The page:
One reason why we come to church is to hear the truth of our situation….
“The truth about life is that we shall die,” said writer Philip Roth, just before he died. Death is as out of control as life can get. In my years of pastoral work, I have, with Hermes, served as psychopompos, helping some five hundred souls to the grave, privileged to say a few words in God’s behalf at their end. And one approaching day my remains shall be deposited with Patsy’s in the crypt of Duke Chapel, under, rather than in, the pulpit.
Augustine said, in a sermon, that as a doctor looks at a sick man in his deathbed, shakes his head and says, “He won’t get out of this alive,” one could look into our crib and say, “He won’t get over this.” As T. S. Eliot wrote in “East Coker,” in Four Quartets, a book I requested as a gift at my high school graduation:
In my beginning is my end... Houses rise and fall, crumble,...
Are removed, destroyed...in their place... a factory, or a by-pass.
We should love the church, said Eliot, as the only institution with the backbone to tell us of “sin and death and other unpleasant facts of life.”
Forced by my vocation to do so much undertaking, mortality has been a close companion. First Dante and then Eliot were surprised that “death had undone so many.” I’m not. On more than one night I’ve dreamed about the people I’ve buried—the babe whose first breath was her last, the teenager who decapitated himself in the rec room with his shotgun (and whose mother insisted that only I could perform postmortem cleanup, which was an appropriate way for me to prepare for my Good Friday sermon that very evening). Then there was the bank president who ebbed away clutching my hand, gasping, “How do I know? Tell me!” I helped each get on the bus that takes them for free to Hamlet’s “undiscovered land” from which “no traveler returns.”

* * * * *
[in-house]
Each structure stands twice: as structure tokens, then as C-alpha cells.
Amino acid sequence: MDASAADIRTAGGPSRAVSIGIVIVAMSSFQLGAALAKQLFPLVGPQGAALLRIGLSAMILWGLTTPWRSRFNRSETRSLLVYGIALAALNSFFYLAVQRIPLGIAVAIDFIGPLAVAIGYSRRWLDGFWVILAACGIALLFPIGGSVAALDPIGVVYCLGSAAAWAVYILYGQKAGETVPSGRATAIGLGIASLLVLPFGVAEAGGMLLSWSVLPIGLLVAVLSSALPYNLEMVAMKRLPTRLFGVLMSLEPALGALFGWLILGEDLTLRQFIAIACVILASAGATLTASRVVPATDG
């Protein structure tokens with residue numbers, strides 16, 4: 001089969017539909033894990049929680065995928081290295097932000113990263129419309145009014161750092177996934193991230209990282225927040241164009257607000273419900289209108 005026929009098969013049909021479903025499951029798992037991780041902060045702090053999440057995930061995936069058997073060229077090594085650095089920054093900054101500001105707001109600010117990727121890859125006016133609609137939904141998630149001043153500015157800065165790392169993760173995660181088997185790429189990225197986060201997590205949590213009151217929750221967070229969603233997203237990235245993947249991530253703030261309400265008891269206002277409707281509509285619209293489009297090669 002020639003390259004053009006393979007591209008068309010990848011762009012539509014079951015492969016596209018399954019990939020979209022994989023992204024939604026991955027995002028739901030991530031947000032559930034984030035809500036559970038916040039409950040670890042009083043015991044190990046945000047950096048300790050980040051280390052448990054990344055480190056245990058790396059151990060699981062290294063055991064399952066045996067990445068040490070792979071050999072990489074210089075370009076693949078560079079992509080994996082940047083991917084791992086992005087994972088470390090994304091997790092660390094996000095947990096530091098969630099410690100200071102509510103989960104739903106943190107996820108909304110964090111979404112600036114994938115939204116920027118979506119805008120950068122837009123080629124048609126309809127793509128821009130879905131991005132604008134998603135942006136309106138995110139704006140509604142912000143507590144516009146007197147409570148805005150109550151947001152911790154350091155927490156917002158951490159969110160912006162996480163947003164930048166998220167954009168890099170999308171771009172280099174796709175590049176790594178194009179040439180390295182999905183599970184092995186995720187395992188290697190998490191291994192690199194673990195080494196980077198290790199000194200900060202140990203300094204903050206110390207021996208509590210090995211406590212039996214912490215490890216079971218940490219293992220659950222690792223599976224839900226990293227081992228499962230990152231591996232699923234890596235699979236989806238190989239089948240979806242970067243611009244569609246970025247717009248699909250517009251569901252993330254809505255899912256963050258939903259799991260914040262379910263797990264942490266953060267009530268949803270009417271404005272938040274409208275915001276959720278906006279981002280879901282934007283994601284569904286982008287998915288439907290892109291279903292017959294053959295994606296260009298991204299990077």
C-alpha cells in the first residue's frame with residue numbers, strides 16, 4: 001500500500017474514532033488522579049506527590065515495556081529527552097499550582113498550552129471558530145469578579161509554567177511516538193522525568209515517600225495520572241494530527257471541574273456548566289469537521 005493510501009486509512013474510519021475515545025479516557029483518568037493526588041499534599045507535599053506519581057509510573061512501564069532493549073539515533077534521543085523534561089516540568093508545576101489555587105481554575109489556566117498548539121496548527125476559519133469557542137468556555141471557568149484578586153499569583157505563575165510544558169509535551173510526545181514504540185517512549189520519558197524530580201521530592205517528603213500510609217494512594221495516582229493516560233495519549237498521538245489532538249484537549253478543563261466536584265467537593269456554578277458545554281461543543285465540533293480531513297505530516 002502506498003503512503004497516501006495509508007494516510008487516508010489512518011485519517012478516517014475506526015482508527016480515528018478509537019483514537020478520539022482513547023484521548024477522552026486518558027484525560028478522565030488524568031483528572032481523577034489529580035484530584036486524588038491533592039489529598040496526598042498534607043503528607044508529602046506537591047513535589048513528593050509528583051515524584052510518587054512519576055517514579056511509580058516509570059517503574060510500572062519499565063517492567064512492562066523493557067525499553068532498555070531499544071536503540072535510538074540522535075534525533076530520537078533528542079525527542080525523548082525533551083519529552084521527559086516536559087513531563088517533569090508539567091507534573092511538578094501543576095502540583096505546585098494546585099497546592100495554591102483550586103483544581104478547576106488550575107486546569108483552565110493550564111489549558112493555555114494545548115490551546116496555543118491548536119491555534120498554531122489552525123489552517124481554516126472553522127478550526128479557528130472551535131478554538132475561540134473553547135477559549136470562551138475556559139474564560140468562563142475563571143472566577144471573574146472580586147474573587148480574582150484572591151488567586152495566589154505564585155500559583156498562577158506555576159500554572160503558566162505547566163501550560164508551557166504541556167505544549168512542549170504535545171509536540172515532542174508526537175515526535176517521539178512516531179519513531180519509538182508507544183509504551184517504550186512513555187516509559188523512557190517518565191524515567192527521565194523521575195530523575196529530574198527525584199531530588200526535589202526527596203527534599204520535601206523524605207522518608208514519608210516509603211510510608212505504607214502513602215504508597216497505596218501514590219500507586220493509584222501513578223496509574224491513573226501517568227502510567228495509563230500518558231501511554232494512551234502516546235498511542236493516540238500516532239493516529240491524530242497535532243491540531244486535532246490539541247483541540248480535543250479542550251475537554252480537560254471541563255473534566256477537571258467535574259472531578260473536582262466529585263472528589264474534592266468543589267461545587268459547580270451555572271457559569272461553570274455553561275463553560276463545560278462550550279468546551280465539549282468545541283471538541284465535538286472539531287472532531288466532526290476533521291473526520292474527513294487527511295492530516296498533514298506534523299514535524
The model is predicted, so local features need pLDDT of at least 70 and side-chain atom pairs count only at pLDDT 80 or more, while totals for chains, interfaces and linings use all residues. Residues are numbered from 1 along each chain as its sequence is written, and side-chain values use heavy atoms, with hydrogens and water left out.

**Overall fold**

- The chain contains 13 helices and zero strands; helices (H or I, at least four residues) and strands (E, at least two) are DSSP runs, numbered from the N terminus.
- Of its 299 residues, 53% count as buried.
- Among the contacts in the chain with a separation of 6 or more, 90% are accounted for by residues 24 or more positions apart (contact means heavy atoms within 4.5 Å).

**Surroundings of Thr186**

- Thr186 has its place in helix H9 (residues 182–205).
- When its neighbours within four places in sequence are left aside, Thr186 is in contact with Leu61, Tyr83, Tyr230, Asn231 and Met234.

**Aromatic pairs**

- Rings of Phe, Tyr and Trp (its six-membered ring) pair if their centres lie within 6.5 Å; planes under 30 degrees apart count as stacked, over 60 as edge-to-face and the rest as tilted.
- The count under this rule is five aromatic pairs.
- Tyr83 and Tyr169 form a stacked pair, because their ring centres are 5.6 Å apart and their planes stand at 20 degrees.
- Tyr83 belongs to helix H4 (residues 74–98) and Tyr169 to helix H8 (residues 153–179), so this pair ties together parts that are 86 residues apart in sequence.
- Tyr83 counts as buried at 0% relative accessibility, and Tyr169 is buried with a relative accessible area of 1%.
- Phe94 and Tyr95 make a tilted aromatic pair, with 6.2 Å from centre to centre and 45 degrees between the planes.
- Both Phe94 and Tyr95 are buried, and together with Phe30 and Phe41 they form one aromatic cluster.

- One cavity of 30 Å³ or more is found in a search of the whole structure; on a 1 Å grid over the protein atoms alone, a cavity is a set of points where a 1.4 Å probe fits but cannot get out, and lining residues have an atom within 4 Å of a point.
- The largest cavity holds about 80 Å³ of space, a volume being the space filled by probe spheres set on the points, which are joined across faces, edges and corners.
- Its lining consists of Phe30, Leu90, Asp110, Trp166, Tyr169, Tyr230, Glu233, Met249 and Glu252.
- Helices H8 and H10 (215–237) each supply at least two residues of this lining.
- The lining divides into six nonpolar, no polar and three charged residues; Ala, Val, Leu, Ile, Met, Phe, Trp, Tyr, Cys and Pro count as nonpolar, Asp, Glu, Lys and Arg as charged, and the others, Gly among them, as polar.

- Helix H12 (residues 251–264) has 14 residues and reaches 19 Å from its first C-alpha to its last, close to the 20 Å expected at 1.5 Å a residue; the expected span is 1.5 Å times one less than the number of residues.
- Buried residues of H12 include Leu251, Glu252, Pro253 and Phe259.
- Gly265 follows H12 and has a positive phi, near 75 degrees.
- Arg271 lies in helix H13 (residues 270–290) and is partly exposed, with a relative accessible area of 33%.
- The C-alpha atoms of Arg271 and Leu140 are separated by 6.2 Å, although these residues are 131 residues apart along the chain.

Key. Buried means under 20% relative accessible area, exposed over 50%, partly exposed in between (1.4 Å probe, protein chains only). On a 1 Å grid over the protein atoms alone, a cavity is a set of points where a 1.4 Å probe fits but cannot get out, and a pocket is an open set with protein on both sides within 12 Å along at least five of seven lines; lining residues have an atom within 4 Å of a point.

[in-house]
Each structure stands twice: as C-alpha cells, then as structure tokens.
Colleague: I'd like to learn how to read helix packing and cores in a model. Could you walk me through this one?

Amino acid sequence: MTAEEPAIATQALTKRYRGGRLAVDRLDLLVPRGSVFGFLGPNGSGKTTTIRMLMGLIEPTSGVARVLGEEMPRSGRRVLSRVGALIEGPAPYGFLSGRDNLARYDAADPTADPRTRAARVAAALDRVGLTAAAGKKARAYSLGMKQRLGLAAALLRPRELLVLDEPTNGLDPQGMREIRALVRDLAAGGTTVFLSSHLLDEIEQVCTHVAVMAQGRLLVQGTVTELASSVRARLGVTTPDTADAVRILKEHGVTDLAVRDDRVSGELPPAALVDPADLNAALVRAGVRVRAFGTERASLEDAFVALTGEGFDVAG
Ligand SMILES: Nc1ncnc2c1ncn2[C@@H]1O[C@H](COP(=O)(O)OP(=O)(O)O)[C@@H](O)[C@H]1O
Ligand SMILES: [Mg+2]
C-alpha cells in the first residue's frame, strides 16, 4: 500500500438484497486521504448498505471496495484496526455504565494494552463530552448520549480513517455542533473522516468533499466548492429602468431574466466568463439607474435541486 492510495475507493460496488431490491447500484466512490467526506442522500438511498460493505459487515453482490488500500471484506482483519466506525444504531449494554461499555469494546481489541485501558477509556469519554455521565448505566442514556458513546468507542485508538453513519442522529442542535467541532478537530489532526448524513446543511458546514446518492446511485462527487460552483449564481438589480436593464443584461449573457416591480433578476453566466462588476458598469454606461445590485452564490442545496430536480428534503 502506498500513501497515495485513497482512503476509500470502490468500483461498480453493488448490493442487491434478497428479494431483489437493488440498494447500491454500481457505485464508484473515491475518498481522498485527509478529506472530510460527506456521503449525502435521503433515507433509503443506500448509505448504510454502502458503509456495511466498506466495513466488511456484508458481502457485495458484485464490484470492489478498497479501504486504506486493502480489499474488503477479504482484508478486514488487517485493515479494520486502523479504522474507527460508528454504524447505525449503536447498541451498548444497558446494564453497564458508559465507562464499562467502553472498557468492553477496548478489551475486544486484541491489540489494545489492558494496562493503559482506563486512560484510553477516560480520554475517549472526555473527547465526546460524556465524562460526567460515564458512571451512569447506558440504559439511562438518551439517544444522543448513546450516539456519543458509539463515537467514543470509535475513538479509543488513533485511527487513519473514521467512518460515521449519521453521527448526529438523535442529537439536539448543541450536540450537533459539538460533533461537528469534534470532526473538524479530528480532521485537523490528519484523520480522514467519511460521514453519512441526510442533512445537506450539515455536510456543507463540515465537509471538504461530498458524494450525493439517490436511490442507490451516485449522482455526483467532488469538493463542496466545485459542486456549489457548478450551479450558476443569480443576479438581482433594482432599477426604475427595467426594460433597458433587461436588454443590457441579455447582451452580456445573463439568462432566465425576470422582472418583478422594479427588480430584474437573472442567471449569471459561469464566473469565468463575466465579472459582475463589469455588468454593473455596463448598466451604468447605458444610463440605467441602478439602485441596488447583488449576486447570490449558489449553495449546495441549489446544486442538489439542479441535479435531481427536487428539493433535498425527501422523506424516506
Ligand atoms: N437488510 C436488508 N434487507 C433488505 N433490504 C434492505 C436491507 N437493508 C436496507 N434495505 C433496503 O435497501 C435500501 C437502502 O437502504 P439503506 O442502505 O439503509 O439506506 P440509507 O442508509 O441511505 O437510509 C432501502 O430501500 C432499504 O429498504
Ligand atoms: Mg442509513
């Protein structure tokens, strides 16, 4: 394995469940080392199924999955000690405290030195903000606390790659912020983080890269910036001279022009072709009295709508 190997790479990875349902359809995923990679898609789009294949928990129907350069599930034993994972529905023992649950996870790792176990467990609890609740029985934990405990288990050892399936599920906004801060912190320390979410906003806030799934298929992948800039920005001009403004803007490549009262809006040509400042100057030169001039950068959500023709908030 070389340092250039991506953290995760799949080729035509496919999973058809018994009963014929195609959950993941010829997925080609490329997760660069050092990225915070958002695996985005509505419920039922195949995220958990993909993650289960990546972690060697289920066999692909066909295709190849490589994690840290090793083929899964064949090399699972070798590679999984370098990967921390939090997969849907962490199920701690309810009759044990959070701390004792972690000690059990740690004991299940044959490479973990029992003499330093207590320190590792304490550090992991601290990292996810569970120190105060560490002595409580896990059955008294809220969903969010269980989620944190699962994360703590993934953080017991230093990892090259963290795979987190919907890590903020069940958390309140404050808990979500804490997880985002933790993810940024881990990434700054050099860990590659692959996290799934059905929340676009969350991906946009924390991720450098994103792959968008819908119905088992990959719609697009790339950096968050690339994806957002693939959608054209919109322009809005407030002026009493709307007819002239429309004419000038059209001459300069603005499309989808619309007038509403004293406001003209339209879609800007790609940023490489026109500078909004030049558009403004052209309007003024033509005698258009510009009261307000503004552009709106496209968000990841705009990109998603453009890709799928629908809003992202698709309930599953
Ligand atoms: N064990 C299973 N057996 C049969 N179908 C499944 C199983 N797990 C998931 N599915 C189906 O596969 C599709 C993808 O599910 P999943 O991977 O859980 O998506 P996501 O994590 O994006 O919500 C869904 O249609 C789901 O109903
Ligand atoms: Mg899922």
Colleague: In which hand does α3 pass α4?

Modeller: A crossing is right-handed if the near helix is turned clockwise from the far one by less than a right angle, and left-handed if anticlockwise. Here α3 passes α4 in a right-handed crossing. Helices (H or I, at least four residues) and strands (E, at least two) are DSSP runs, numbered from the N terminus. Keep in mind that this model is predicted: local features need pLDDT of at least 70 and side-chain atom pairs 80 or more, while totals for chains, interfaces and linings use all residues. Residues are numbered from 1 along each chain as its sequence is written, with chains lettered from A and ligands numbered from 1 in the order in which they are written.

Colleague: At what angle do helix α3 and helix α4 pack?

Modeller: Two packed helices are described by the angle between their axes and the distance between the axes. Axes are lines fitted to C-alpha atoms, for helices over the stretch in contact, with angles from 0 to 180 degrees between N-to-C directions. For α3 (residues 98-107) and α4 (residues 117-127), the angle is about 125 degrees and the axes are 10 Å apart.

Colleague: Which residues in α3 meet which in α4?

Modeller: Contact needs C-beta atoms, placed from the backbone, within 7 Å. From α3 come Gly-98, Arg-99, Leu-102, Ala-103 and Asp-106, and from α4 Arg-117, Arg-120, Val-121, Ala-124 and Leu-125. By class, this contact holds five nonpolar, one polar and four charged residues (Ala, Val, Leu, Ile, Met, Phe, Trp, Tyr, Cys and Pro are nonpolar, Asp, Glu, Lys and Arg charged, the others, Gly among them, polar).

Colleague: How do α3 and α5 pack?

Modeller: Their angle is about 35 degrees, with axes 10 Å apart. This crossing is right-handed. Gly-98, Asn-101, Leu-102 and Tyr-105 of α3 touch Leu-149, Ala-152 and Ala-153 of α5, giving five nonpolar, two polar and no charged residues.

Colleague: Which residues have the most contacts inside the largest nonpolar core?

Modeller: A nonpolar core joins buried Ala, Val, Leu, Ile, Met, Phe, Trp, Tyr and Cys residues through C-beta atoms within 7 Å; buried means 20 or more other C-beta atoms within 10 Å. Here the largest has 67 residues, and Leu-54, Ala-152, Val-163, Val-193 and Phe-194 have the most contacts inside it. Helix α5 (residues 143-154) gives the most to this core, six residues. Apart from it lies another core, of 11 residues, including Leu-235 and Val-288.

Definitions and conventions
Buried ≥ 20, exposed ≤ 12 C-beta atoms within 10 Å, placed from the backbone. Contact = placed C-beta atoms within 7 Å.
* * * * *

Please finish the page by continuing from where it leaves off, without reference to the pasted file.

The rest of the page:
Should I be ashamed of my perverse glee, at Ash Wednesday services in Duke Chapel, to stand before a well-built nineteen-year-old Duke male—with bulging biceps and everything working—smearing a cross of ash upon his forehead. Pulvis es et in pulverem reverteris. Quite a rush to preach finitude to those who believe that maybe—with regular workouts and avoidance of fructose—they are immortal.
“Of course Christianity is life,” says Kierkegaard. “But first it passes through death.”
Say what you will about the limits of the Christian faith. At least it manages to tell the truth about the limits of our lives, particularly as we smear ashes on their foreheads on Ash Wednesday. Thanks be to God.
Adapted from Accidental Preacher: A Memoir, by William Willimon